“Selling your home quickly not only means you can move on with your life, you don’t have to keep it pristine all the time and juggle your schedule… It can also make the difference between being able to buy the home on which you have already put in an offer – or staying put.”
In a subdued market where buyers are spoilt for choice, it is especially important to pull out all the stops to ensure that your home captures buyers’ attention.
Everitt says sellers can significantly reduce their stress levels by appointing qualified and experienced agents who can help them understand market cycles of supply and demand, their effect on the value of their homes, and the types of improvements likely to appeal to buyers.
A good agent will also “qualify” prospective buyers to ensure they can afford to buy a home before taking them to view it, and keep sellers informed about the progress of the buyers’ bond application or any snags.
“Most importantly, though, they will be able to stay focused on the deal and negotiate professionally while helping you to keep your cool and get through the whole process with your sanity intact – and a sale in the bag,” he says.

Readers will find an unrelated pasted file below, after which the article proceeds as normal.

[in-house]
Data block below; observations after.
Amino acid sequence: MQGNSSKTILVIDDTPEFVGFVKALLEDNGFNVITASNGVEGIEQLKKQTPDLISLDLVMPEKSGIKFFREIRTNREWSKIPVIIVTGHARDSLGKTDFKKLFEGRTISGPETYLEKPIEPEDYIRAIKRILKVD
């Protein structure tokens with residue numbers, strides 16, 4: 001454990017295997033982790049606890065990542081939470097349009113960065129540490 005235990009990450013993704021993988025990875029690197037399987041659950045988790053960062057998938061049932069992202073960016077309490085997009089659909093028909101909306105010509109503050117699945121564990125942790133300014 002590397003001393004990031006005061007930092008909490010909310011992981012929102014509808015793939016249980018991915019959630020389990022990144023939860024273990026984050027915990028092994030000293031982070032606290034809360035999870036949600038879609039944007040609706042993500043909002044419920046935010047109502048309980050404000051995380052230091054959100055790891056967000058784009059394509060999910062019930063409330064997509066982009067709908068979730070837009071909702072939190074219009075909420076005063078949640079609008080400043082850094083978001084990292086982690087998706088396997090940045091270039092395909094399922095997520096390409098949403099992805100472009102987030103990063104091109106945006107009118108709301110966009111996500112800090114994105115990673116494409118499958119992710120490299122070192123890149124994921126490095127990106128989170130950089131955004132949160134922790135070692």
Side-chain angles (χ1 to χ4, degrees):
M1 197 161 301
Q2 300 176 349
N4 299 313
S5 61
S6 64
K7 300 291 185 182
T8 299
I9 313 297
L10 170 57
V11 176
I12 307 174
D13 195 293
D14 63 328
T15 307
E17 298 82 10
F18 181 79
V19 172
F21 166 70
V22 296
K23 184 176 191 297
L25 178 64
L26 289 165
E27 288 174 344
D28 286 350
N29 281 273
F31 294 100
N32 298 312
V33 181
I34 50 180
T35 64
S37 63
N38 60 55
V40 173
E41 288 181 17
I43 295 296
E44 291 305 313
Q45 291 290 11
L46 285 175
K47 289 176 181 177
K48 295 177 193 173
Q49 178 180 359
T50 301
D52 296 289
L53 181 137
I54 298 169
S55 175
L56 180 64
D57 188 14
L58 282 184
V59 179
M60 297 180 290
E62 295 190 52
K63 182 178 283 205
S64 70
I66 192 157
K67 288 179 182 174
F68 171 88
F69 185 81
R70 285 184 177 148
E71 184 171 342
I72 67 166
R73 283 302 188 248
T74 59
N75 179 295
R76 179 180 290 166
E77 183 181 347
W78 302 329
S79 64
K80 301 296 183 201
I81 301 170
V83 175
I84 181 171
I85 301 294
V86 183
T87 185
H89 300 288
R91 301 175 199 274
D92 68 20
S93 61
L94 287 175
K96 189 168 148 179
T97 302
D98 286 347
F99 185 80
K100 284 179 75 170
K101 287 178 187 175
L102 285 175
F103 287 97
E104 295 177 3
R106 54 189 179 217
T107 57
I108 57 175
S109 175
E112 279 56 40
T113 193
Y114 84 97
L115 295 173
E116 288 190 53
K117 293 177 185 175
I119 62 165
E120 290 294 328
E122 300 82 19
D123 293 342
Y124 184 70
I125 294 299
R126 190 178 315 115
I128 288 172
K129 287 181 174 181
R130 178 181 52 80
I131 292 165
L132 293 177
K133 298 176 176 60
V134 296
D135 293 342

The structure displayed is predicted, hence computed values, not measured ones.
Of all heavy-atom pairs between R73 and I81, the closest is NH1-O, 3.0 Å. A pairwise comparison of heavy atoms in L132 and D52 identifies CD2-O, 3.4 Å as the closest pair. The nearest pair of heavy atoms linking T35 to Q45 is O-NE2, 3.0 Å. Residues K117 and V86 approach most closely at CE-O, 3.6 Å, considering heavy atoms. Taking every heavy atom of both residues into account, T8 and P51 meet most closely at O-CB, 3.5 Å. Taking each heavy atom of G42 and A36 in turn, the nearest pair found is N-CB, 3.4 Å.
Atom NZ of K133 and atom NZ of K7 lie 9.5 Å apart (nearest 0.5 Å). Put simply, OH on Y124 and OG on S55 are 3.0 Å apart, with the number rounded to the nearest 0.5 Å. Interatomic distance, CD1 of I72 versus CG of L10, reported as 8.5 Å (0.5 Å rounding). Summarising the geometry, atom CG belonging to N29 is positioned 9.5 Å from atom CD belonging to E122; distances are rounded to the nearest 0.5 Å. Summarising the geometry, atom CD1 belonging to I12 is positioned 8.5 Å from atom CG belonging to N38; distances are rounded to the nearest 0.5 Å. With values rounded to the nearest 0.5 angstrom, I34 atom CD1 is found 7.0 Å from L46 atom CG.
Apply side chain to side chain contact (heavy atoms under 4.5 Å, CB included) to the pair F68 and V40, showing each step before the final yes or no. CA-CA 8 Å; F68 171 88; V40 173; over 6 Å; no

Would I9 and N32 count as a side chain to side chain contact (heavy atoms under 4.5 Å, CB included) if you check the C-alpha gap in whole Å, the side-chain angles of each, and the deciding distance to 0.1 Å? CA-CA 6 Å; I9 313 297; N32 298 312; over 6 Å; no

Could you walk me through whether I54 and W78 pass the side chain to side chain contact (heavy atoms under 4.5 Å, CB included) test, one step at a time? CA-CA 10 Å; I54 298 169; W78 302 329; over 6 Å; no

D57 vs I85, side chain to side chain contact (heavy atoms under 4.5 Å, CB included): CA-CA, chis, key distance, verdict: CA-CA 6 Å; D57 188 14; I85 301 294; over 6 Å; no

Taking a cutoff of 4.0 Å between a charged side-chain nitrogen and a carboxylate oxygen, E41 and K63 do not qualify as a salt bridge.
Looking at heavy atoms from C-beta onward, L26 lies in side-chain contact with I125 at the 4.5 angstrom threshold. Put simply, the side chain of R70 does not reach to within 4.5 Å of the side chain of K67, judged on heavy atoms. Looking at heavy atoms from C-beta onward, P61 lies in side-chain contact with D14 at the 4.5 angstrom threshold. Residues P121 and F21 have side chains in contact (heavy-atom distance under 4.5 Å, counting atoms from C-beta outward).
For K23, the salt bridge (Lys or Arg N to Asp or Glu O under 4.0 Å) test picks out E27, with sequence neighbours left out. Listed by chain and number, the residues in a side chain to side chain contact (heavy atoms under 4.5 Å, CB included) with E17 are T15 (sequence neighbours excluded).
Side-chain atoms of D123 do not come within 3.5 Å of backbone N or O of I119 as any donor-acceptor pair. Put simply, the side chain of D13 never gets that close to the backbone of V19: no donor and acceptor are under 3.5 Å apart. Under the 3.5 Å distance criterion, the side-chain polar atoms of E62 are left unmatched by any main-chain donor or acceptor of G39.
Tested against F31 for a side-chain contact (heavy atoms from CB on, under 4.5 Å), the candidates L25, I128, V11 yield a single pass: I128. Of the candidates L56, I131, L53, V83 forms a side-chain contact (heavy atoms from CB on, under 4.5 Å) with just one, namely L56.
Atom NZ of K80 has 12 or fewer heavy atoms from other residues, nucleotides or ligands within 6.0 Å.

An agent in tune with the market can also ensure properties are priced correctly, says Mike Greeff, chief executive of Greeff Christie’s International Real Estate. “Agents are in the know about the latest ways to price a home effectively. Keeping an eye on the trends, following the sound advice of an agent and knowing when to put your property on the market could be the key factors of a successful sale.”
Improve the move with a head start on sales
Jill Lloyd, Cape Town agent for Lew Geffen Sotheby’s International Realty, offers these tips to improve a quick sale:
◆Pick the right time to sell your home – You may not have any choice, but if you do, spring and summer are typically the best times to sell, as families want to move and settle in before the school year starts.
◆Be smart about the price – Listing your home for the highest possible price may seem sensible as we expect buyers to negotiate it down anyway, but by over-pricing your home, you are shooting yourself in the foot.
◆Don’t leave compliance certificates until the last minute – Property owners are required by law to ensure that the property is legally fit for sale and before the transfer can take place, the transfer attorney must be in possession of the relevant compliance certificates.